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Photo Writing is the web version of the Photo Writing mini-magazine produced by Limephoto and Emil von Maltitz since 2010. As of 2015 it is now completely online. Feel free to browse through the articles and please leave comments in the comments section if you would like to engage with us.

Monday, March 18, 2013

Where's The Light- Wildlife Portraits and the March Thanda Workshop

Effective lighting in portraiture invariably adds drama and a sense of story to a good portrait. Portrait photographers hardly ever use a simple head on lighting approach and when they do it is through a heavily modified flash head. even the most simple of outdoor portraits taken with available light tend to be modified through shooting under convenient shade or by using reflectors or a well chosen wall to balance and craft the light that lands on the sitters face. So why should wildlife portraiture be any different?

It shouldn't. Yet so many photographers, especially those starting out in the world of wildlife photography shy away from difficult light. The reality is that the more dramatic the lighting the more effective the portrait. This is even more important since animal behavior in wildlife photography has become more of a photographic topic than portraits. Still, time and again, when approaching wildlife I see how the photographer or the guide that the photographer has hired will set the vehicle so that the sun is as much behind them as possible. The less of an angle on the sun seemingly the better. Not true!

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Here are a couple of examples that show how shooting into the sun or using sidelight, or even having a bright background while the subject is in shade works. In these examples one can easily see how the impala and hyena shots are far more dramatic in terms of lighting than the leopard shot. The best part of the lighting on the leopard though is where the light is coming from. It was still early in the morning and the sun was diffused through a layer of cloud. This meant warm soft light that was coming from a low angle - hence the soft-ish catchlight in the leopards eyes. It was like pushing a gelled (say 1/4 or 1/2 CTO) light through a softbox into the leopard's face.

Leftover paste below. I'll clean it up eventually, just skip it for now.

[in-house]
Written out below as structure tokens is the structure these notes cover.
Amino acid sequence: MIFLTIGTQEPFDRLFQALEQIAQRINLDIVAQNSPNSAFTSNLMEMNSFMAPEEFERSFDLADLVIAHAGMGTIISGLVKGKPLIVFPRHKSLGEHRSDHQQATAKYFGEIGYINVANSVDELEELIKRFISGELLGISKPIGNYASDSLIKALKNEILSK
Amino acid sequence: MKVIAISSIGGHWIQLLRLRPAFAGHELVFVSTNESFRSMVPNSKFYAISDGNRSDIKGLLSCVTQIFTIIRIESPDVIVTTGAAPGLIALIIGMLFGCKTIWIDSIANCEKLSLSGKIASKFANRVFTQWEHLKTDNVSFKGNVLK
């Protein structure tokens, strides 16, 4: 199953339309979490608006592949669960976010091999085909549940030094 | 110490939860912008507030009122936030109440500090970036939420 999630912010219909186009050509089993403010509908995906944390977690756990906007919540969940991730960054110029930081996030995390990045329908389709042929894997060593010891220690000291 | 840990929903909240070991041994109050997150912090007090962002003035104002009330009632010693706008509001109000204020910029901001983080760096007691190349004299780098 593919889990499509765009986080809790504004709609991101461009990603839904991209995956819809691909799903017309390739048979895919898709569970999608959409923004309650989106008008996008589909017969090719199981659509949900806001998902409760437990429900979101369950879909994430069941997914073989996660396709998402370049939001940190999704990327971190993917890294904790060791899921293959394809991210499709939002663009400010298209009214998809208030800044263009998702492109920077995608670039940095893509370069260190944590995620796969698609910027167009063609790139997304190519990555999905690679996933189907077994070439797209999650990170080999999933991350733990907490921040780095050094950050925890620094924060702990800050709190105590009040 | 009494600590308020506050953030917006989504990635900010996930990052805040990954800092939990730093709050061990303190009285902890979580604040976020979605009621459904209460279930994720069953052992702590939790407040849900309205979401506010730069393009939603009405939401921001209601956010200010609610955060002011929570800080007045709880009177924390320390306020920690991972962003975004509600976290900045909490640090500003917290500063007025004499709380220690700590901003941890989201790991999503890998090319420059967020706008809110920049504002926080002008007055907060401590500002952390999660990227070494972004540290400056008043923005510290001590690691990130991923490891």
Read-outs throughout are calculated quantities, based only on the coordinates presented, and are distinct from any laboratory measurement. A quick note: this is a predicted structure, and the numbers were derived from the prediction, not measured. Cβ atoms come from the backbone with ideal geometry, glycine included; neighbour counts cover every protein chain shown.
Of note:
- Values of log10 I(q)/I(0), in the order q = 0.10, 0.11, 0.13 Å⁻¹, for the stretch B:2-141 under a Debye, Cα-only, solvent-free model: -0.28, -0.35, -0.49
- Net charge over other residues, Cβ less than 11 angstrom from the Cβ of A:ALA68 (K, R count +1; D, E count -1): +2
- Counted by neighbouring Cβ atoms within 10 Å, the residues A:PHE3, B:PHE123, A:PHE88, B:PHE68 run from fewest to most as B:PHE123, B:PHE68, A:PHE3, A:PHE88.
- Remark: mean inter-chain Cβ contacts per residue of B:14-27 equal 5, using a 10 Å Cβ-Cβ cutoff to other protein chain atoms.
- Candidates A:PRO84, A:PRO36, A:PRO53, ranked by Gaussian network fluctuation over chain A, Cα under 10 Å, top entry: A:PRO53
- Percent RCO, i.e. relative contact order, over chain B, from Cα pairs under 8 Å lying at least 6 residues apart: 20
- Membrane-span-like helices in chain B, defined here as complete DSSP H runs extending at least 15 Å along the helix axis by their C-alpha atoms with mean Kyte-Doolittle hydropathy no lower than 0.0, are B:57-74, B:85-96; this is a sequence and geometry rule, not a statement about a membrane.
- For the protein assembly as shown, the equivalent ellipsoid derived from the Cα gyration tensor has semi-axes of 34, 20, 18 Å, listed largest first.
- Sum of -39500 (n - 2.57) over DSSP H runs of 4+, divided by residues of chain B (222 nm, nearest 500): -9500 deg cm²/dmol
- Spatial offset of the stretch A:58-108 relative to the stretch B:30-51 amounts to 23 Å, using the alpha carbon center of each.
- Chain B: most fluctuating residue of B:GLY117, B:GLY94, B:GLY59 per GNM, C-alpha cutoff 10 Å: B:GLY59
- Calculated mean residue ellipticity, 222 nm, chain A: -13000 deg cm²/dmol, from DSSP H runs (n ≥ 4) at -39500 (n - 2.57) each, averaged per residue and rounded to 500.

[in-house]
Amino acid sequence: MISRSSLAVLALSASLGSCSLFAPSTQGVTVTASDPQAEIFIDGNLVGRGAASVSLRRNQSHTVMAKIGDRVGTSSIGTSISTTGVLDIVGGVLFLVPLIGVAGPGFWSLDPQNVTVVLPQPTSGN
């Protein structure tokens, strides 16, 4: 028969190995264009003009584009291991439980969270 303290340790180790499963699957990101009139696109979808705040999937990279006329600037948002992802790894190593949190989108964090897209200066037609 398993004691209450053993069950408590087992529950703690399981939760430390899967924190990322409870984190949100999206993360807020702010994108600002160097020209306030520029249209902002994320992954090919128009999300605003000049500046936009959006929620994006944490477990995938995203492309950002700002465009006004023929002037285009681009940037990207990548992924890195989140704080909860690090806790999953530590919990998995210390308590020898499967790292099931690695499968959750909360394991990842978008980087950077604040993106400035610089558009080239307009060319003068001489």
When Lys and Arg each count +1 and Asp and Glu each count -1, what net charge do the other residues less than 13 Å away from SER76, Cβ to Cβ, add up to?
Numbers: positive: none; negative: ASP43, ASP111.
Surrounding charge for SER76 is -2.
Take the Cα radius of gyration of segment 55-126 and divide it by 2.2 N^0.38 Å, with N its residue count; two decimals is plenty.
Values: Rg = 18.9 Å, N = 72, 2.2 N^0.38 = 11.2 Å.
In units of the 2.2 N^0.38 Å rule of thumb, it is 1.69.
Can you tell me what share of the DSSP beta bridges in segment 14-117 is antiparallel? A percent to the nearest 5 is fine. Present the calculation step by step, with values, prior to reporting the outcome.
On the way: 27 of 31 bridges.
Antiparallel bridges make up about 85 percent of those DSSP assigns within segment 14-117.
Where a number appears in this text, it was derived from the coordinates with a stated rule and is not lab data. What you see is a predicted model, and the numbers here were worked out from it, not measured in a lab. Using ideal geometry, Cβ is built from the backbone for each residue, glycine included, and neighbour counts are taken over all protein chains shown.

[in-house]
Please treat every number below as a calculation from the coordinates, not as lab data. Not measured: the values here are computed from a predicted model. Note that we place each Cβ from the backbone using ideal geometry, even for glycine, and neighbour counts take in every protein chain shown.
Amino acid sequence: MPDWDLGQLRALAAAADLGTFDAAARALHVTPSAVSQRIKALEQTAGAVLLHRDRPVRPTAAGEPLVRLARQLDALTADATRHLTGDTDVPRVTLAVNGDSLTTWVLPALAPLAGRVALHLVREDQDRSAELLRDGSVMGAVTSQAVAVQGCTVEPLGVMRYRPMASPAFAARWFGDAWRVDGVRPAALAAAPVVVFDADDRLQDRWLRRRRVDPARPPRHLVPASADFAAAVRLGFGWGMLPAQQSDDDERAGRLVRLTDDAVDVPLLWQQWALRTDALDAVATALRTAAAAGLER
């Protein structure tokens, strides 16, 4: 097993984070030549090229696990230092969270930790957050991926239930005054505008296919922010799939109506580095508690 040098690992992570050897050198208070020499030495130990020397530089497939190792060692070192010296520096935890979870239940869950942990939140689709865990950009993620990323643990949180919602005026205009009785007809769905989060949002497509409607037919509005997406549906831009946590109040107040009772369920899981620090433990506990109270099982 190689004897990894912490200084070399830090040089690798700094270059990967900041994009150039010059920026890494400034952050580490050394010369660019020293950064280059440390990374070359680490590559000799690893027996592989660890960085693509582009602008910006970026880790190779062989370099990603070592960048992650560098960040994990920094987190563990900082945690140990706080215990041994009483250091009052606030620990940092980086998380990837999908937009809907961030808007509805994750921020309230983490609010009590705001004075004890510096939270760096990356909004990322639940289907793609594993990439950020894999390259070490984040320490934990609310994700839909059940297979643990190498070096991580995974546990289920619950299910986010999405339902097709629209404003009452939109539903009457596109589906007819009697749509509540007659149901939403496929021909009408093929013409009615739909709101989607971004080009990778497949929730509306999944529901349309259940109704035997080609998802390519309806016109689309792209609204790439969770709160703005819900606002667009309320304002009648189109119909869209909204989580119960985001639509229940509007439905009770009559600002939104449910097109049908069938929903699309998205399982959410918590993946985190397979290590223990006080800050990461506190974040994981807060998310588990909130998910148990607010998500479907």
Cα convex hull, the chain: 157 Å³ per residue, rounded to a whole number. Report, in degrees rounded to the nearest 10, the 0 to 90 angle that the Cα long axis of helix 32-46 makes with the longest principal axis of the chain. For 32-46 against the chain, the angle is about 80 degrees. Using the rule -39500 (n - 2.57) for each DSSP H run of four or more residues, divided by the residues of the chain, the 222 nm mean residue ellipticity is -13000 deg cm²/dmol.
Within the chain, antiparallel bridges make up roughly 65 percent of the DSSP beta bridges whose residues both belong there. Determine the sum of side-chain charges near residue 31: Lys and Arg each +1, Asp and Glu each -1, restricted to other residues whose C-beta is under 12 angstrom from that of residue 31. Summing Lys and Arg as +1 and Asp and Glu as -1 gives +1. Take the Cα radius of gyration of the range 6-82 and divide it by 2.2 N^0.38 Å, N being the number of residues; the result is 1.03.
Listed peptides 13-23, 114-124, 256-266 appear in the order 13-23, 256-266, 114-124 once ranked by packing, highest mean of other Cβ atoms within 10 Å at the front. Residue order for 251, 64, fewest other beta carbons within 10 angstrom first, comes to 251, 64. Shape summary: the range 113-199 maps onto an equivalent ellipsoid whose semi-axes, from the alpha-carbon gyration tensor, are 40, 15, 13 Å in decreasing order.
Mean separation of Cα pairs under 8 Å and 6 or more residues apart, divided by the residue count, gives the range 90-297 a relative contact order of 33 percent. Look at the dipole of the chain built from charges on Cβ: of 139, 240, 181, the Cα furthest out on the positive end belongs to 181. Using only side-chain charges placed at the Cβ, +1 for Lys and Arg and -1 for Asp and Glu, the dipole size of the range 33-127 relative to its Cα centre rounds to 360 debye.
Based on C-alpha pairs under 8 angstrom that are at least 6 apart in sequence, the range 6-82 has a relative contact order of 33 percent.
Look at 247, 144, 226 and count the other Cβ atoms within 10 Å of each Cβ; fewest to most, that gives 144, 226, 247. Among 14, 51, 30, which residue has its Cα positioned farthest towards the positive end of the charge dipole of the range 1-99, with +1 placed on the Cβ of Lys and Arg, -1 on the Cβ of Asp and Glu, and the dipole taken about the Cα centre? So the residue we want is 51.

One thing to note though is that shooting into the sun does sometimes raise issues with the TTL metering on even the most advanced of cameras. A simple check of the histogram is all that is needed at the start of shooting to make sure that the camera's meter is not swinging wildly into under or overexposure. Expect to see some clipping on the very edge of the highlights though as the bright white hairs on some animals go nuclear when the sun is behind them. Occasionally we just have to sacrifice these small areas in order to get enough of an exposure for the shadows.

As to the workshop itself: we had an absolutely exhausting but incredibly stimulating week on the reserve. I haven't had sightings like we had in a long time. A highlight was the leopard, usually a rare sighting on this particular reserve, which we found first in the grass but which then climbed into a tree and stayed there surveying our vehicle full of photographers for about 20 minutes. The photographers certainly had the sightings go on their side with sightings of wild dog, hyena, cheetah, leopard and lion all in three days! And a great bunch to boot. I thoroughly enjoyed working with them.

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